I loved writing for orchestra so much that I ended up writing two more orchestra works,
another one for the Puerto Rico Symphony Orchestra and one more for the NYU Symphony Orchestra as part of my graduate studies there, as well a ballet for large ensemble. After this (around 2008) I experienced a pivotal transitional year between my masters and doctoral studies in which I had a revelation that significantly change the course of my music. Essentially I started to write the music I wanted to listen to, which I know sounds like an obvious choice for a composer, but in my case it’s something I struggled with a lot while being at school. For the past seven years I’ve been on this path exploring this direction mostly in the context of small ensembles with electronics as well as solo pieces (often times with electronics as well).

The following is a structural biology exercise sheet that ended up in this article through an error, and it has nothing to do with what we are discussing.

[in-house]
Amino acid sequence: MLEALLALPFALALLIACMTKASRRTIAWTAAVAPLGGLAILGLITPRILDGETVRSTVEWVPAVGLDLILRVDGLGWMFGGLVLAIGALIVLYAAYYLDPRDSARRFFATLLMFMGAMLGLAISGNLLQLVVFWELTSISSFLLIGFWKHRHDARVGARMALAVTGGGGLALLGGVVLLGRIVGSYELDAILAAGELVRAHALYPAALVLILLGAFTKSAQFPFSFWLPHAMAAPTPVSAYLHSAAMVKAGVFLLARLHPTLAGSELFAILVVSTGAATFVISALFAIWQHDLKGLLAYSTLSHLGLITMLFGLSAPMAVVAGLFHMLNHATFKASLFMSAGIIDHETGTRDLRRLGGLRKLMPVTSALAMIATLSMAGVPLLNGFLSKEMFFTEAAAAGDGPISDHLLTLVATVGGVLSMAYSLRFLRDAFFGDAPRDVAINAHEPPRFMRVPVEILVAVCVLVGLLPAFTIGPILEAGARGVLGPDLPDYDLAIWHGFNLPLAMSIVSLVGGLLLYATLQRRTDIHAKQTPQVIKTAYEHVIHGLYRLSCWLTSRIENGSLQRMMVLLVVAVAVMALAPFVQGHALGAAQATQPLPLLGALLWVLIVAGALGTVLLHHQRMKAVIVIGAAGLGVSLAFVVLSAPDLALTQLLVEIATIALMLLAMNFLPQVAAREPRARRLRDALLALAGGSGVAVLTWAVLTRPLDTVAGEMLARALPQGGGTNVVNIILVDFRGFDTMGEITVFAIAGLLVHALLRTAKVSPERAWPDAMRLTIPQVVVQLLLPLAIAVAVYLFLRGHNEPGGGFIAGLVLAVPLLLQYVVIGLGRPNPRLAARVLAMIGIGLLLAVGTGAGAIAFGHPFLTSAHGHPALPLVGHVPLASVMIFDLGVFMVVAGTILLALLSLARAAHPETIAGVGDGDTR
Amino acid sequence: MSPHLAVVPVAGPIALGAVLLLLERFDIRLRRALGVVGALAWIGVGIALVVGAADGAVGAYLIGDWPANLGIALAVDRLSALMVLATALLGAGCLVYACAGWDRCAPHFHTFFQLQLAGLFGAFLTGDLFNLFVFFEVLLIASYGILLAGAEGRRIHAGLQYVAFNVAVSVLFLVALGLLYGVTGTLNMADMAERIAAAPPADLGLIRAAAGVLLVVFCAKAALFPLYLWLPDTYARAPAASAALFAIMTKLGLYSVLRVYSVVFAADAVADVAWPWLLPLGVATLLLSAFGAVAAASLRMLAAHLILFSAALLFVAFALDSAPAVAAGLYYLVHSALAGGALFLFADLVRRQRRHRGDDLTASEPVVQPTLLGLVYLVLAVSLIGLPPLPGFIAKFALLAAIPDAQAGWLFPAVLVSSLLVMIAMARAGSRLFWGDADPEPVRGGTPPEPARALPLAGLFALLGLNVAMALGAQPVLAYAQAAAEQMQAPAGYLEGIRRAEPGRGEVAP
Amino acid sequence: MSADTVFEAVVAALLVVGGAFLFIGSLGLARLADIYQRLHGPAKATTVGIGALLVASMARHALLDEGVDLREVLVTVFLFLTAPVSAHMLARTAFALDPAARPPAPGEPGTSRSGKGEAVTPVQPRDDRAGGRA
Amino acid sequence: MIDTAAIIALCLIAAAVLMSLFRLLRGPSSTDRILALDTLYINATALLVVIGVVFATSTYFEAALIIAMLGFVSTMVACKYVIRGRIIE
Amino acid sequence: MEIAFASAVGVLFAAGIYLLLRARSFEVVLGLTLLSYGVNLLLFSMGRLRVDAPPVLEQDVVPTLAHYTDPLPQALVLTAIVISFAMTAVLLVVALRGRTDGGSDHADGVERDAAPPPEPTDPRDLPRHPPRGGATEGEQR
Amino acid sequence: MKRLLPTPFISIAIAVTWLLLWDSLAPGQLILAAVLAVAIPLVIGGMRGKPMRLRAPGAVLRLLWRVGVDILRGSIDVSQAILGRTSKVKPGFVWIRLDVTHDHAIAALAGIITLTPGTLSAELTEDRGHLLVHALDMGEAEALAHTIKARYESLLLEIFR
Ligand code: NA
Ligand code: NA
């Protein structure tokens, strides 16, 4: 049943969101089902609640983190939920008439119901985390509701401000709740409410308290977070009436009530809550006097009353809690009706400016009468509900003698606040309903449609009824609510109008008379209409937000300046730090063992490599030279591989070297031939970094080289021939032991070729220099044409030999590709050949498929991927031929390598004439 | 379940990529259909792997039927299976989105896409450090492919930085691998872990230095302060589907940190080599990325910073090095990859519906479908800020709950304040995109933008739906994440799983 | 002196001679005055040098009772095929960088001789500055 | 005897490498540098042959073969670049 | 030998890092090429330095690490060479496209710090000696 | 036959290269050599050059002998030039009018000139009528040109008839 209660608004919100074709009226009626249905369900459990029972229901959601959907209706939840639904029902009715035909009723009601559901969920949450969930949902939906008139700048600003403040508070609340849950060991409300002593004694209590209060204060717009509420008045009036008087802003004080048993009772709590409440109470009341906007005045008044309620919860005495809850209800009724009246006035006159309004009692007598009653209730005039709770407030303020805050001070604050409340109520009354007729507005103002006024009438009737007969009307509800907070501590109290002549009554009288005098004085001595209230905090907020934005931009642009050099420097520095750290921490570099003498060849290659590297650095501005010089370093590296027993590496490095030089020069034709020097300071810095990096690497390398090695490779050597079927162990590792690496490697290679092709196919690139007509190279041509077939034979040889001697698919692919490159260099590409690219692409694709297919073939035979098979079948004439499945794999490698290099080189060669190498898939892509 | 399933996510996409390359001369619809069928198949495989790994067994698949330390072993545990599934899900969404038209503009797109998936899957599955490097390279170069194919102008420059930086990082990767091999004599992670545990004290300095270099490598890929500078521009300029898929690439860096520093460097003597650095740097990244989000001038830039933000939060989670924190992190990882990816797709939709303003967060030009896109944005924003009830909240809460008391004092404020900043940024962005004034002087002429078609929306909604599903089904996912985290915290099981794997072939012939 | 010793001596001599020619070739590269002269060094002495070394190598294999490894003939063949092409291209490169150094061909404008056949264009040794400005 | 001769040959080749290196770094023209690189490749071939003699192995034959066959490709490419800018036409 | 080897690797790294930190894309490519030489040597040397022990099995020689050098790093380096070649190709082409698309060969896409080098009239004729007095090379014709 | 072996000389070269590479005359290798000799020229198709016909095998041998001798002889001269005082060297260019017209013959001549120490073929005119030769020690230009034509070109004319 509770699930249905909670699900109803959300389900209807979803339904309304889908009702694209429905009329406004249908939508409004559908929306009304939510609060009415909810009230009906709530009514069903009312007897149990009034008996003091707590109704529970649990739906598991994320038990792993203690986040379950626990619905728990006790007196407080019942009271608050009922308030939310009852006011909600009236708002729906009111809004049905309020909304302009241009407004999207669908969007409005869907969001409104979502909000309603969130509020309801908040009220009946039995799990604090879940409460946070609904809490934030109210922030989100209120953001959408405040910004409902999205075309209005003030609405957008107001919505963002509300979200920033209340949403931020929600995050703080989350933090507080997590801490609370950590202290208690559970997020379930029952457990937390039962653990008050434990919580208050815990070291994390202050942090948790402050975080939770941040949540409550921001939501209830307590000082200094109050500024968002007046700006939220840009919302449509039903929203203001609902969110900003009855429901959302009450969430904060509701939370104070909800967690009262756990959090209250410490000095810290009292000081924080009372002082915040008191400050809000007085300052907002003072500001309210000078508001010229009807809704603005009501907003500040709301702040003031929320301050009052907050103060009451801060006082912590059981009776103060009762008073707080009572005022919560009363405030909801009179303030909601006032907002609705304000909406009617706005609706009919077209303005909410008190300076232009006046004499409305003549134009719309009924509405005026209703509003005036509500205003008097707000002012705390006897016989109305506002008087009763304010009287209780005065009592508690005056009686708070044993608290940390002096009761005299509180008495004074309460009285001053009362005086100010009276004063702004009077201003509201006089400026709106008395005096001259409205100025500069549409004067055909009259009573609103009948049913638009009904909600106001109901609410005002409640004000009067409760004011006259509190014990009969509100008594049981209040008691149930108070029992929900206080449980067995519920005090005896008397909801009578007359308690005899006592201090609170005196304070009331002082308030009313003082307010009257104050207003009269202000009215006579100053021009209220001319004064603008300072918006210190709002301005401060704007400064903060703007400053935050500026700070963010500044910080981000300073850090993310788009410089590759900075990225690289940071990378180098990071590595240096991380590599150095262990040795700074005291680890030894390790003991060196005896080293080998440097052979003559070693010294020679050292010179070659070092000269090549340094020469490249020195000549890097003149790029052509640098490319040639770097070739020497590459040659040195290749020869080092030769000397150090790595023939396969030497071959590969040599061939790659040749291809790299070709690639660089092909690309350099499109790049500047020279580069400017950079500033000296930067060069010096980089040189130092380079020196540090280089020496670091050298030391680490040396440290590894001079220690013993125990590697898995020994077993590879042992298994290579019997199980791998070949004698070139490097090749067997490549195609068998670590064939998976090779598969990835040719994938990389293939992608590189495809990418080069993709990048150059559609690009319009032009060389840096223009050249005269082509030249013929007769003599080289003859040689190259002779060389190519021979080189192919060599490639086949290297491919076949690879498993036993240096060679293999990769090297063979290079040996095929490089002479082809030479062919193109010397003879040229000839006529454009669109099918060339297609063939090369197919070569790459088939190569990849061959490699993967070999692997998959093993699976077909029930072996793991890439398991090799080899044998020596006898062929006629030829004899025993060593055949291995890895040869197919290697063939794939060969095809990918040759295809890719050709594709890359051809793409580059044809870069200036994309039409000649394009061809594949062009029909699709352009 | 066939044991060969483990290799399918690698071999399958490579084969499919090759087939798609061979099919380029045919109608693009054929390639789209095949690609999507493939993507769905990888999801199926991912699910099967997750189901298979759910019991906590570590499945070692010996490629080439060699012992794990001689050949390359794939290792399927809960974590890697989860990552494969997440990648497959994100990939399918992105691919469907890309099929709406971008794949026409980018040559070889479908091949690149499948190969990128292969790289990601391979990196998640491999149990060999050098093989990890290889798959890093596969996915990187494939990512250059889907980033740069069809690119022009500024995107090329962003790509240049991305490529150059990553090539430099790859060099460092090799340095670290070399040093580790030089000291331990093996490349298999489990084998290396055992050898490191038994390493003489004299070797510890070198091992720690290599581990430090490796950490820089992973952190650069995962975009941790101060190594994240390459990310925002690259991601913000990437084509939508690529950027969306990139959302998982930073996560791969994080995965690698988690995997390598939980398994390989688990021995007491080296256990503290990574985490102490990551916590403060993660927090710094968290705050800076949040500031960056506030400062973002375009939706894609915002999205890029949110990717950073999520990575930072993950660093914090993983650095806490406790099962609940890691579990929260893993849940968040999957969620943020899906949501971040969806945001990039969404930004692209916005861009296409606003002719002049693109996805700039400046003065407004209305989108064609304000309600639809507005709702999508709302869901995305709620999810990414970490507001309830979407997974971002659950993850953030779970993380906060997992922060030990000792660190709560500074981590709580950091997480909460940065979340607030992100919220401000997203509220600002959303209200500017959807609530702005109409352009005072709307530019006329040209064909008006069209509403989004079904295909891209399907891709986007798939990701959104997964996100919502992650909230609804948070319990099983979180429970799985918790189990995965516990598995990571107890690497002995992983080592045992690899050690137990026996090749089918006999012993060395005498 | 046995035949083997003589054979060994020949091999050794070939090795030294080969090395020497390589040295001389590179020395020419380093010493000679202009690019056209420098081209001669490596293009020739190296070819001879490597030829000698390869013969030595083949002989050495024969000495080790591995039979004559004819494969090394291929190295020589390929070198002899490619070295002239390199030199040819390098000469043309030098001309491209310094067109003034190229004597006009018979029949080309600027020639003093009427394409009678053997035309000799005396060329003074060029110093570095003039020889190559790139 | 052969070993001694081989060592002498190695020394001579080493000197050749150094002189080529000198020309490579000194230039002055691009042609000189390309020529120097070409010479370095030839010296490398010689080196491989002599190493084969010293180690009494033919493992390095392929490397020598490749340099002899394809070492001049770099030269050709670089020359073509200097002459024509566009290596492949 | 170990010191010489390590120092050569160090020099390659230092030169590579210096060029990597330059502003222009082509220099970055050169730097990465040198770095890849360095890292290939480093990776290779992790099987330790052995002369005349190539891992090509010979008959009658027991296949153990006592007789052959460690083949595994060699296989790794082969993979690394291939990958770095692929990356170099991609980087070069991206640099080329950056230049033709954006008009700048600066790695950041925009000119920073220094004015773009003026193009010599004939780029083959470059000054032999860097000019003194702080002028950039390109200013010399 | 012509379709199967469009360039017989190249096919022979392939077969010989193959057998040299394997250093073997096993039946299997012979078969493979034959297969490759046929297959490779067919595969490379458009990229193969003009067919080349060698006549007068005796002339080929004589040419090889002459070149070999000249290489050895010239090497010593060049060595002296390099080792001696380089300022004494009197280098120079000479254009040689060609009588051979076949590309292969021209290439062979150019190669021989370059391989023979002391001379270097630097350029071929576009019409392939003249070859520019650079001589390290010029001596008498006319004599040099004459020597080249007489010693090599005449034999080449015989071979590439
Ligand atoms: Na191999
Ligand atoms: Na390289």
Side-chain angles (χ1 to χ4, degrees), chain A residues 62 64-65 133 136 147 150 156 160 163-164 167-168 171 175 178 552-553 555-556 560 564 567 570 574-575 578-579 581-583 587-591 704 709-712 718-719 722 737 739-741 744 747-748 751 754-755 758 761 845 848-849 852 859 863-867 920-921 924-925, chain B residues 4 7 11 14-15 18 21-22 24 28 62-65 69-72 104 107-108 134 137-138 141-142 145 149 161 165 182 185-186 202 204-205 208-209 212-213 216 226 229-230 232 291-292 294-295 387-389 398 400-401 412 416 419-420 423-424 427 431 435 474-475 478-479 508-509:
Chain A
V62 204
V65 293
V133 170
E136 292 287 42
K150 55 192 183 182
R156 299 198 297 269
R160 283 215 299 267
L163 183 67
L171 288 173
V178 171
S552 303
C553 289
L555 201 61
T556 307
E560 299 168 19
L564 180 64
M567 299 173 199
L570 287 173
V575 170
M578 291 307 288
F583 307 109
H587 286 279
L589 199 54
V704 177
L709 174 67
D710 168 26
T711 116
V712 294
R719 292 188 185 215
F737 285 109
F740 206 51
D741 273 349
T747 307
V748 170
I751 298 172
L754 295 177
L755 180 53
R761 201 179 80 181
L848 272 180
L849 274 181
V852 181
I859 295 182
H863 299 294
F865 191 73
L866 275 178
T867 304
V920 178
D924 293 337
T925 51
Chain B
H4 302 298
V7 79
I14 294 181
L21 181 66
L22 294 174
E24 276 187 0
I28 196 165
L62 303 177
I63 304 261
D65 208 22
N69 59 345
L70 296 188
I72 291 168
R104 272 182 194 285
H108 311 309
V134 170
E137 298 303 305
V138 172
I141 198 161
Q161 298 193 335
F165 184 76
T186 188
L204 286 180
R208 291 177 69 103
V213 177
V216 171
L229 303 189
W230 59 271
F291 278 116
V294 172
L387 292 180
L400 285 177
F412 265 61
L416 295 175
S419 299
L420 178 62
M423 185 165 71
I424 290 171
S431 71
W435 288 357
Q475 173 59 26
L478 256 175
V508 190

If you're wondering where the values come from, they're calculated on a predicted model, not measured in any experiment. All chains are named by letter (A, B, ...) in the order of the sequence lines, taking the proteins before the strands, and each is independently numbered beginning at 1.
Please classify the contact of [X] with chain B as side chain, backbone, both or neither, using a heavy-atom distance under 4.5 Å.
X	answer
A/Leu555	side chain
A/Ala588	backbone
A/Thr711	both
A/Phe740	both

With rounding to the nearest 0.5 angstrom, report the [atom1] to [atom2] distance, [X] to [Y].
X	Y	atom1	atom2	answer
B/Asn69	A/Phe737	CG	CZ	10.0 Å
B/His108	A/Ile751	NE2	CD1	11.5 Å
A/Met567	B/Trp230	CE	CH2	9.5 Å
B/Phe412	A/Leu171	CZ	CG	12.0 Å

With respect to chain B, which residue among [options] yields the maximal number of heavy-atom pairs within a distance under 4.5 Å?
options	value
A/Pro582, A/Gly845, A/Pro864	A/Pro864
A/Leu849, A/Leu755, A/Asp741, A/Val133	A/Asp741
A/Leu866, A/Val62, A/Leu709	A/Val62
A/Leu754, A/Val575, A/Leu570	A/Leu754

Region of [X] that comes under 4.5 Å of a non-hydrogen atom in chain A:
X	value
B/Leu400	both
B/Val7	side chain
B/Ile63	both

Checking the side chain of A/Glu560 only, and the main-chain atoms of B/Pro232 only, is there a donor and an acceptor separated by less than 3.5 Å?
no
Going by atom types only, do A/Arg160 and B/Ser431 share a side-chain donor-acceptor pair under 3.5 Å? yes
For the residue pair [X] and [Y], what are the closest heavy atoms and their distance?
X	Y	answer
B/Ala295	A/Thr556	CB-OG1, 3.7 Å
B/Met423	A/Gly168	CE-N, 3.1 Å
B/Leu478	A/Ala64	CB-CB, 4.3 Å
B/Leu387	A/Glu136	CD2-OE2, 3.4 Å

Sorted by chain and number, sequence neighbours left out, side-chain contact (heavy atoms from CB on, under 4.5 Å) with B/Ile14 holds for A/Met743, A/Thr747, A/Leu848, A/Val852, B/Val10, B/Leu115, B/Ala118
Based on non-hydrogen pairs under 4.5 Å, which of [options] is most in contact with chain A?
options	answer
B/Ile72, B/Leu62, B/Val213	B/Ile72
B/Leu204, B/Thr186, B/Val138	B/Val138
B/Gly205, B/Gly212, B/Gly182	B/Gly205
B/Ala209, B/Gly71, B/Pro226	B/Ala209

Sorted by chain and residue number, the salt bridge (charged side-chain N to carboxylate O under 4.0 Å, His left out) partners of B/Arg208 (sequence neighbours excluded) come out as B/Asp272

When I heard last year that I was selected as the Van Lier Fellow at the American Composers Orchestra I was ecstatic about re-encountering this great medium at this point in my life and also honored about the opportunity to work with such an outstanding orchestra that focuses on working with living composers. I saw this as an amazing opportunity to not only immerse myself in the professional environment of ACO and its guest artists but also as an open window to start thinking about how my recent compositional ideas could translate into the orchestral medium. This being said, I was very clear that writing a piece for ACO was not part of the fellowship but I knew that being around the orchestra so much as well as attending many rehearsals and listening to the incredibly diverse programming of ACO’s season would inevitably start giving me ideas on how I would want to write for the orchestra when the opportunity arose (little did I knew this would come sooner rather than later!).